• OFFERING MEMORANDUM California Qualification by Permit $2,000,000 Preferred Stock1. Brief Description of OfferingPeople’s Community Market, Inc. (“PCM” or the “Company”), is offering up to $2 million in preferredstock (the “Securities”) to finance capital expenditures, inventory, working capital and operatingexpenses relating to the construction and operation of a retail grocery store in West Oakland. Theminimum investment for each unaccredited Investor is one thousand dollars ($1,000) and the minimuminvestment for each accredited Investor 1 is five thousand dollars ($5,000). There is no maximuminvestment, except as described in the section on Suitability Requirements. Until the minimumaggregate offering amount ($500,000) is secured, funds will be held in escrow. If the minimum offeringamount is not secured within one year of the commencement of the offering, all funds will be returnedto Investors. The offering will terminate one year from the date of commencement, unless suchtermination date is extended, at the discretion of management and subject to the consent of theCalifornia Department of Corporations. The offering is limited to California residents.2. About the CompanyPCM is a new business that is emerging from and building on the ten years of experience, track record andsocial relations of its sister organization, People’s Grocery, which is a non-profit that has operated numerousfood projects (including the Mobile Market and the Grub Box), urban gardens and nutrition educationprograms. The Company’s purpose is to create and operate a small-format, full-service grocery store in WestOakland, which is a community that has not had a full-service grocer for several decades. In addition toretailing fresh foods and groceries, the business will offer information, resources and services to supportcustomers in improving their health and provide a community venue in support of community building.1 An Accredited Investor is defined as follows: (a) A bank, insurance company, registered investment company, business development company, or small business investment company; (b) an employee benefit plan, within the meaning of the Employee Retirement Income Security Act, if a bank, insurance company, or registered investment adviser makes the investment decisions, or if the plan has total assets in excess of $5 million; (c) a charitable organization, corporation, or partnership with assets exceeding $5 million; (d) a director, executive officer, or general partner of the company selling the securities; (e) a business in which all the equity owners are accredited Investors; (f) a natural person who has individual net worth, or joint net worth with the person’s spouse, that exceeds $1 million at the time of the purchase, excluding the value of the primary residence of such person; (g) a natural person with income exceeding $200,000 in each of the two most recent years or joint income with a spouse exceeding $300,000 for those years and a reasonable expectation of the same income level in the current year; or (h) a trust with assets in excess of $5 million, not formed to acquire the securities offered, whose purchases a sophisticated person makes. 6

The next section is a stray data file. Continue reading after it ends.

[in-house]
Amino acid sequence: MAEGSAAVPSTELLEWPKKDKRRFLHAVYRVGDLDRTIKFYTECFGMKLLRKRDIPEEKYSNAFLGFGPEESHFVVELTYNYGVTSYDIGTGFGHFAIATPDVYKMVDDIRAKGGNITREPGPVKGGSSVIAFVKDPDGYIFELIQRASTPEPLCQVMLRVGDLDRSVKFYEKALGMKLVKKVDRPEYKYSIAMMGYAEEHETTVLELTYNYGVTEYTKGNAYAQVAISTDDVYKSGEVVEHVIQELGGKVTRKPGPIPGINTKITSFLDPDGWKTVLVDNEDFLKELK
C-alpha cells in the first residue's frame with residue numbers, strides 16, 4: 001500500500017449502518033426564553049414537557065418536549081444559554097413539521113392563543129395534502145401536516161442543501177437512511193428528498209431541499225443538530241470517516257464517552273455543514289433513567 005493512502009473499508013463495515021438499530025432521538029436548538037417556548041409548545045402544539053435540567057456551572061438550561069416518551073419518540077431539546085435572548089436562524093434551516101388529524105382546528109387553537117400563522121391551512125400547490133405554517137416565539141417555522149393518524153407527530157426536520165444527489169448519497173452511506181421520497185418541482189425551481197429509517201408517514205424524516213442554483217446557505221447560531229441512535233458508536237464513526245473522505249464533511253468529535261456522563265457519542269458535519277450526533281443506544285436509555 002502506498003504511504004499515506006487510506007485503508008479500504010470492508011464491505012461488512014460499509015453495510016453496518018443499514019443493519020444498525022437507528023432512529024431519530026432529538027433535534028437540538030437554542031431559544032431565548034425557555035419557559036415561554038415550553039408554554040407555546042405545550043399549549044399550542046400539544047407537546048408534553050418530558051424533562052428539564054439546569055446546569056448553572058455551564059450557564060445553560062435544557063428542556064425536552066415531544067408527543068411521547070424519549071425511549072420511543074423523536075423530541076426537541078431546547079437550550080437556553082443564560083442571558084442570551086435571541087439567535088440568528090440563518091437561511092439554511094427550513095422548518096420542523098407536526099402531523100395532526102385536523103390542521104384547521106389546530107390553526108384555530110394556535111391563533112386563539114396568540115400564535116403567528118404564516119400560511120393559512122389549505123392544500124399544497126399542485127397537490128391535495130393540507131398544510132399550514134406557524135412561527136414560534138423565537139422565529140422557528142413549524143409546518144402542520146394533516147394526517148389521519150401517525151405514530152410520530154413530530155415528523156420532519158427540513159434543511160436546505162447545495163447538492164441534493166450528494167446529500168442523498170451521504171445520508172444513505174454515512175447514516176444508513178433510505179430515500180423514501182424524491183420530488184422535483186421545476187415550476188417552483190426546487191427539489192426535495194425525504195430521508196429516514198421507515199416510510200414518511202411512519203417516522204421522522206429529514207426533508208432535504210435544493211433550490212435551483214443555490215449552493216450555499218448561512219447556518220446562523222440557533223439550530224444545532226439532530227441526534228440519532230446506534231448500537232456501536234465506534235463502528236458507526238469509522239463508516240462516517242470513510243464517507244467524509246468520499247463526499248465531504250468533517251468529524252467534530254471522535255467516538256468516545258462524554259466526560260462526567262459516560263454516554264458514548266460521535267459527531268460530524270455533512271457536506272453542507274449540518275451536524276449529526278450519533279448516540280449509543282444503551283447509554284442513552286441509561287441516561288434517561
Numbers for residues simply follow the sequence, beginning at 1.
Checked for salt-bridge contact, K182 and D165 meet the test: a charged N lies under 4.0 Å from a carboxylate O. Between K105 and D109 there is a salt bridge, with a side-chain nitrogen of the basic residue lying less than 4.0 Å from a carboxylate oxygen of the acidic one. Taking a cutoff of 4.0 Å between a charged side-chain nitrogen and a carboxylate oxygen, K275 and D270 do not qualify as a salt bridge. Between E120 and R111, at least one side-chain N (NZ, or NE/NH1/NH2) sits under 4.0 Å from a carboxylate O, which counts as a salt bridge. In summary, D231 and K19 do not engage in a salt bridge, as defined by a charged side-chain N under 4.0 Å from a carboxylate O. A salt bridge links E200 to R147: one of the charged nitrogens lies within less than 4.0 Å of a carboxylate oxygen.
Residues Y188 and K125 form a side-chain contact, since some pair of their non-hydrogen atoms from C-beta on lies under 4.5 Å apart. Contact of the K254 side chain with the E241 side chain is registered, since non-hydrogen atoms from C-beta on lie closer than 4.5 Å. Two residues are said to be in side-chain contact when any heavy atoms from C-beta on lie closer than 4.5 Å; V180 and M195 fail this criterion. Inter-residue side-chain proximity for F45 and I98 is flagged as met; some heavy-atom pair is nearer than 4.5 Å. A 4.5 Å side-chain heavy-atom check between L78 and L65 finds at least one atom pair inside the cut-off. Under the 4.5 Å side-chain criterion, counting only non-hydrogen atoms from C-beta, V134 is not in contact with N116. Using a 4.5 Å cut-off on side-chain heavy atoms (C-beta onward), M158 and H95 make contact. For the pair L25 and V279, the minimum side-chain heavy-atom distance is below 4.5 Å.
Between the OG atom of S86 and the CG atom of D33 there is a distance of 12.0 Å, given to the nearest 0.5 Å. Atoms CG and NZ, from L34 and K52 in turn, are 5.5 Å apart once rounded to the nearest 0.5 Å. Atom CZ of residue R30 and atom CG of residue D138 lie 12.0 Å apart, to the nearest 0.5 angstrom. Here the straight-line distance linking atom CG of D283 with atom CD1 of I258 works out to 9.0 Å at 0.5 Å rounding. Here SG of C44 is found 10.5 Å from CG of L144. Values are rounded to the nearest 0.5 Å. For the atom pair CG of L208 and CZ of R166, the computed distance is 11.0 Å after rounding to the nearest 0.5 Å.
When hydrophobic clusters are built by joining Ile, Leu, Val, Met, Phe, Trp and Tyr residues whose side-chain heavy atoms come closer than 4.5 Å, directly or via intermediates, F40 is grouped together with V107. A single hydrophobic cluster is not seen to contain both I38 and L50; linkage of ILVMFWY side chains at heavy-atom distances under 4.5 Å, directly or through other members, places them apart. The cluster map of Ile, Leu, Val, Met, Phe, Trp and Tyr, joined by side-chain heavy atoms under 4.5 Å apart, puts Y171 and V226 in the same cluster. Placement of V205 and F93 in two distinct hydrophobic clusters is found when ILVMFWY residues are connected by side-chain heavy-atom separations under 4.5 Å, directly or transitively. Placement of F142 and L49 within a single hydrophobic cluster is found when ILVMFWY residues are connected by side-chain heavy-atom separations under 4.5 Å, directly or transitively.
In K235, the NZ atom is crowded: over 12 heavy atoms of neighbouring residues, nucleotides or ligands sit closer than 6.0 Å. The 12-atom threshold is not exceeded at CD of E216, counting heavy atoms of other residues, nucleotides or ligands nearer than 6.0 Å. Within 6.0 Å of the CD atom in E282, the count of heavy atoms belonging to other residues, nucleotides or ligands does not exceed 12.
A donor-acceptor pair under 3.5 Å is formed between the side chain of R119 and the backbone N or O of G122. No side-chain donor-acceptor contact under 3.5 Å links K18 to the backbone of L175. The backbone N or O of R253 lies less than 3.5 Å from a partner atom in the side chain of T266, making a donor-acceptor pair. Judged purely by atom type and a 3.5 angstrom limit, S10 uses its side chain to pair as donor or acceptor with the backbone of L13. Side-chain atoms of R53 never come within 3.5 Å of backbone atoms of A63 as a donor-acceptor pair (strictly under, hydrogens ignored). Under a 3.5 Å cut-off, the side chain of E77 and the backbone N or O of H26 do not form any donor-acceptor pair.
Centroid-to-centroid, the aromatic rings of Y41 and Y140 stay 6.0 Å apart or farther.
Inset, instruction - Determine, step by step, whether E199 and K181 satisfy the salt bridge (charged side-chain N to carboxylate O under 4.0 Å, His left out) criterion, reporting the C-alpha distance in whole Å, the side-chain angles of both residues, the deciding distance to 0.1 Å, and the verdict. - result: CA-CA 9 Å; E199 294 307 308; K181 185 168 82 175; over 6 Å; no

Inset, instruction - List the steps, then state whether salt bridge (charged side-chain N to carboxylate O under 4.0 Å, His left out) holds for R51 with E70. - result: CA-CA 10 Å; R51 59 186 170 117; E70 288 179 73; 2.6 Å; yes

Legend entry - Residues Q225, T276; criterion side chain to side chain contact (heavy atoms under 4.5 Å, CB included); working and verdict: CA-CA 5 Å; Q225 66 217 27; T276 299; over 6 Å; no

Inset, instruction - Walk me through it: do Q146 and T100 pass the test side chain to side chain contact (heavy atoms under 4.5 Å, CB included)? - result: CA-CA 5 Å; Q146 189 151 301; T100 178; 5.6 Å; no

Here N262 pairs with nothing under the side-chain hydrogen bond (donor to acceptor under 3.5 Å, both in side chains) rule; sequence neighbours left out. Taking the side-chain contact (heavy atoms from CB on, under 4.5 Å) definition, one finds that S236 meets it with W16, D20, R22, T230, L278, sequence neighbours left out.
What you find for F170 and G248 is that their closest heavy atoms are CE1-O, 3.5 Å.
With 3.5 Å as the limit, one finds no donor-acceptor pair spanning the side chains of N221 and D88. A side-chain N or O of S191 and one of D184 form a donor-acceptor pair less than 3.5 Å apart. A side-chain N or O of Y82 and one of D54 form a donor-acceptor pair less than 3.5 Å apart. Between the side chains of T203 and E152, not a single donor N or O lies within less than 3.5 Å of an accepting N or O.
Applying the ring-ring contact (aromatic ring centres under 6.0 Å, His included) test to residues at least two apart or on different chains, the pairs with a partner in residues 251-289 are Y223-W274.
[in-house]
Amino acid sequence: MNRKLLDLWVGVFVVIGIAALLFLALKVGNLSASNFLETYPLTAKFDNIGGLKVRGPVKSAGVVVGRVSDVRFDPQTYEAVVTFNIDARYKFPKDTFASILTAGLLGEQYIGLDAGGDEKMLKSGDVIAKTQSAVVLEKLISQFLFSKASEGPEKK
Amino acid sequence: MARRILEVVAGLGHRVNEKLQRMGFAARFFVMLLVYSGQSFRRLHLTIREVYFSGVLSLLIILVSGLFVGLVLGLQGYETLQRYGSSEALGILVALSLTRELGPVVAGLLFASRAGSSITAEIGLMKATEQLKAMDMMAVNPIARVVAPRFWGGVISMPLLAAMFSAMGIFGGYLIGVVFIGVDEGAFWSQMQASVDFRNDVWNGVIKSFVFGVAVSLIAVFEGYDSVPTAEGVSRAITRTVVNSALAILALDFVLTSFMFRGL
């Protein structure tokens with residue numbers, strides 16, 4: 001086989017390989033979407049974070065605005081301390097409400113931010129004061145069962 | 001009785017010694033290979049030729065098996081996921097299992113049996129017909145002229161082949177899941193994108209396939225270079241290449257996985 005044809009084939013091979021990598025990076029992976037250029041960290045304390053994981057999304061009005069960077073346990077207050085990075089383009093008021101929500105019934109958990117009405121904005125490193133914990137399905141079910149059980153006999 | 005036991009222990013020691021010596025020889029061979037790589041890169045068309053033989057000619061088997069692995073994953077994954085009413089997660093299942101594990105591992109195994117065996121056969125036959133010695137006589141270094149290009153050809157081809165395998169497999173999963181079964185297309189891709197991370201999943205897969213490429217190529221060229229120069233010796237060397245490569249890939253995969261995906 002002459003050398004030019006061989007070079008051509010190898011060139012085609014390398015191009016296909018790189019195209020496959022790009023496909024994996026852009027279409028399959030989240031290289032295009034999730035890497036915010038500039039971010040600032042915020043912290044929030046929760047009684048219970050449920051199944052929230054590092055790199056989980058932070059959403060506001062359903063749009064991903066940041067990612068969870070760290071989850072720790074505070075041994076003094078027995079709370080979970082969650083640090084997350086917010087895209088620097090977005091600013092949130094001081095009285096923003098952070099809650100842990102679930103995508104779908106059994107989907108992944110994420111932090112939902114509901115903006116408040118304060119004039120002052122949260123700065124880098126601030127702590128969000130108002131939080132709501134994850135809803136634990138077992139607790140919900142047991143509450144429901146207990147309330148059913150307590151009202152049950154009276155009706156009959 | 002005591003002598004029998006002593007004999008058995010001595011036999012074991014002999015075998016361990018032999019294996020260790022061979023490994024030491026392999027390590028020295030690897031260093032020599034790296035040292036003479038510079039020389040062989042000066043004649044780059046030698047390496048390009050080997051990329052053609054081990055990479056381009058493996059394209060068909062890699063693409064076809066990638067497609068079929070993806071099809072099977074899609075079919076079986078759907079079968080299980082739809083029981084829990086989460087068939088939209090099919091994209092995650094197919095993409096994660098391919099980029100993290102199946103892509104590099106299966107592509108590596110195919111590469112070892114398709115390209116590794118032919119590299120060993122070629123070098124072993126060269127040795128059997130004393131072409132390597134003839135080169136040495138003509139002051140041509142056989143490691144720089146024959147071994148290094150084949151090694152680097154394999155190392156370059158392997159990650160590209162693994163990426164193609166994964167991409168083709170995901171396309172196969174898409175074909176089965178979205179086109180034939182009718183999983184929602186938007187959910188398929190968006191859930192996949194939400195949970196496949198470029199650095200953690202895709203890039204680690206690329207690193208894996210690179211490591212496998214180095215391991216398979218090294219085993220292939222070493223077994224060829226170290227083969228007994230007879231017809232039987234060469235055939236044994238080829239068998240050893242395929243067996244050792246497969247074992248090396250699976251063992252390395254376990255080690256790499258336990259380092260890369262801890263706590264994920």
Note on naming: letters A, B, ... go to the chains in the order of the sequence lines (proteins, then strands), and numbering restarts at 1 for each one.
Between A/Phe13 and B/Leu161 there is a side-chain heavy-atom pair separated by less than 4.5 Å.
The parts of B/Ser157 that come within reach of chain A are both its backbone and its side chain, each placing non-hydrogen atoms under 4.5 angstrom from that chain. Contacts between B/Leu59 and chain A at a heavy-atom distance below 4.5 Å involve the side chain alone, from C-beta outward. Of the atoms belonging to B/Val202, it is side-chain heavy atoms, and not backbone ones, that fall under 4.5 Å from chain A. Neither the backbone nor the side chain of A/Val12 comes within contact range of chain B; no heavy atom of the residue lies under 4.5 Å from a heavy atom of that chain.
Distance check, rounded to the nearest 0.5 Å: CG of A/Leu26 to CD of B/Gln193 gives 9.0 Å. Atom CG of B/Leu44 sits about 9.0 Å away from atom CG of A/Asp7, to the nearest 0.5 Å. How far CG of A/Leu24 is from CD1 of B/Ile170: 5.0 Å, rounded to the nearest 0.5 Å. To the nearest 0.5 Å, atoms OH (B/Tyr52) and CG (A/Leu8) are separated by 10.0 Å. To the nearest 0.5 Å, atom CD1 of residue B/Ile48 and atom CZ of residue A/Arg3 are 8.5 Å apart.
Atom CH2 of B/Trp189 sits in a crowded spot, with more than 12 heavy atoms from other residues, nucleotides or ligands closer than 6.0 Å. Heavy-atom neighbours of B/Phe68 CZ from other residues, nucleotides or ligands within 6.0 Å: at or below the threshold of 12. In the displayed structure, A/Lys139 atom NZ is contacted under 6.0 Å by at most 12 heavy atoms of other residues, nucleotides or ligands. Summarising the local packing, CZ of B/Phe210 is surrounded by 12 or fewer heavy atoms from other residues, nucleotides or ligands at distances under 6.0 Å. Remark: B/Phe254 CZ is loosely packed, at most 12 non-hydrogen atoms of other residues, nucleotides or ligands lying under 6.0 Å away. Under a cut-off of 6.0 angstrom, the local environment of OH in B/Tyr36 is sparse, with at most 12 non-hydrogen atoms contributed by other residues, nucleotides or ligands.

• 3. Target MarketWest Oakland is a 2.5 square mile inner-city area with 26,000 residents who are predominantly AfricanAmerican and Latino. Although West Oakland is known today as a lower-income neighborhood, it has arich and diverse history. Before the 1950’s there were numerous grocery stores and supermarketslocated throughout the neighborhood that offered a variety of groceries, produce and prepared foods.Many of these stores had a unique Southern character and catered to the special food desires of localcustomers. These stores also provided places for people to get together and socialize. But, beginning inthe 1950’s, many of the grocery stores in West Oakland shut down or relocated to new suburbs thatcould offer more profits and cheap land for bigger stores. It became virtually impossible to buy freshproduce or quality food products in the neighborhood. This problem persists today.The annual expenditure for groceries for West Oakland residents is over $58 million. Despite this sizablebuying power, there are few food shopping outlets in West Oakland. As a result, 70% of the annualgrocery expenditures of West Oakland residents takes place outside of the community at stores insurrounding cities. But West Oakland residents (many of whom do not own a vehicle and rely on publictransportation) must travel far to get to distant supermarkets. The inconvenience, time and cost ofthese shopping trips leads many residents to regularly shop at nearby corner stores that carry mostlyprocessed, poor quality foods sold at high prices.These limited food choices are contributing to high rates of diet-related chronic disease in WestOakland. Today, forty eight percent of residents are obese or at an unhealthy weight and thecommunity’s diabetes hospitalization rate is three times that of Alameda County. But many residentsalso understand the connection between diet and health and are increasingly demanding healthier foodchoices, more knowledge and information, and supportive social settings and services.3.1 CompetitionWest Oakland has a limited competitive environment for food retail. No supermarkets or full-servicegrocery stores currently exist within the trade area. While there are two supermarkets that are locatedapproximately 1/2 to 1 mile from the edge of the trade area boundaries, many West Oakland residentsare unable to frequently shop at these locations due to limited vehicle ownership and a reliance ofwalking and pubic transportation. There is an abundance of corner liquor stores in the trade area thatprimarily sell snack foods, sugary beverages, alcohol and tobacco products. These stores carry limitedgrocery merchandise or produce and typically sell such items at high prices. A 99¢ Only Store offers alimited assortment of food merchandise consisting mostly of canned and packaged goods. A smallnatural foods coop carries a limited and exclusive selection of organic food items. PCM’s primaryresearch has determined that the food retail square footage per capita in West Oakland is 1.2 squarefeet, which falls well below the 3.0 square feet per capita that is considered by the industry to be a well-served trade area. This deficiency in existing food retail in West Oakland underscore a sizable need andmarket opportunity for more food store within the trade area.4. Business Plan SummaryBuilding on the ten years of food enterprise experience of its sister nonprofit organization, People’sGrocery, the Company is creating a full-service neighborhood food store, health resource center andcommunity hub that supports West Oakland families to attain healthier and more socially connected 7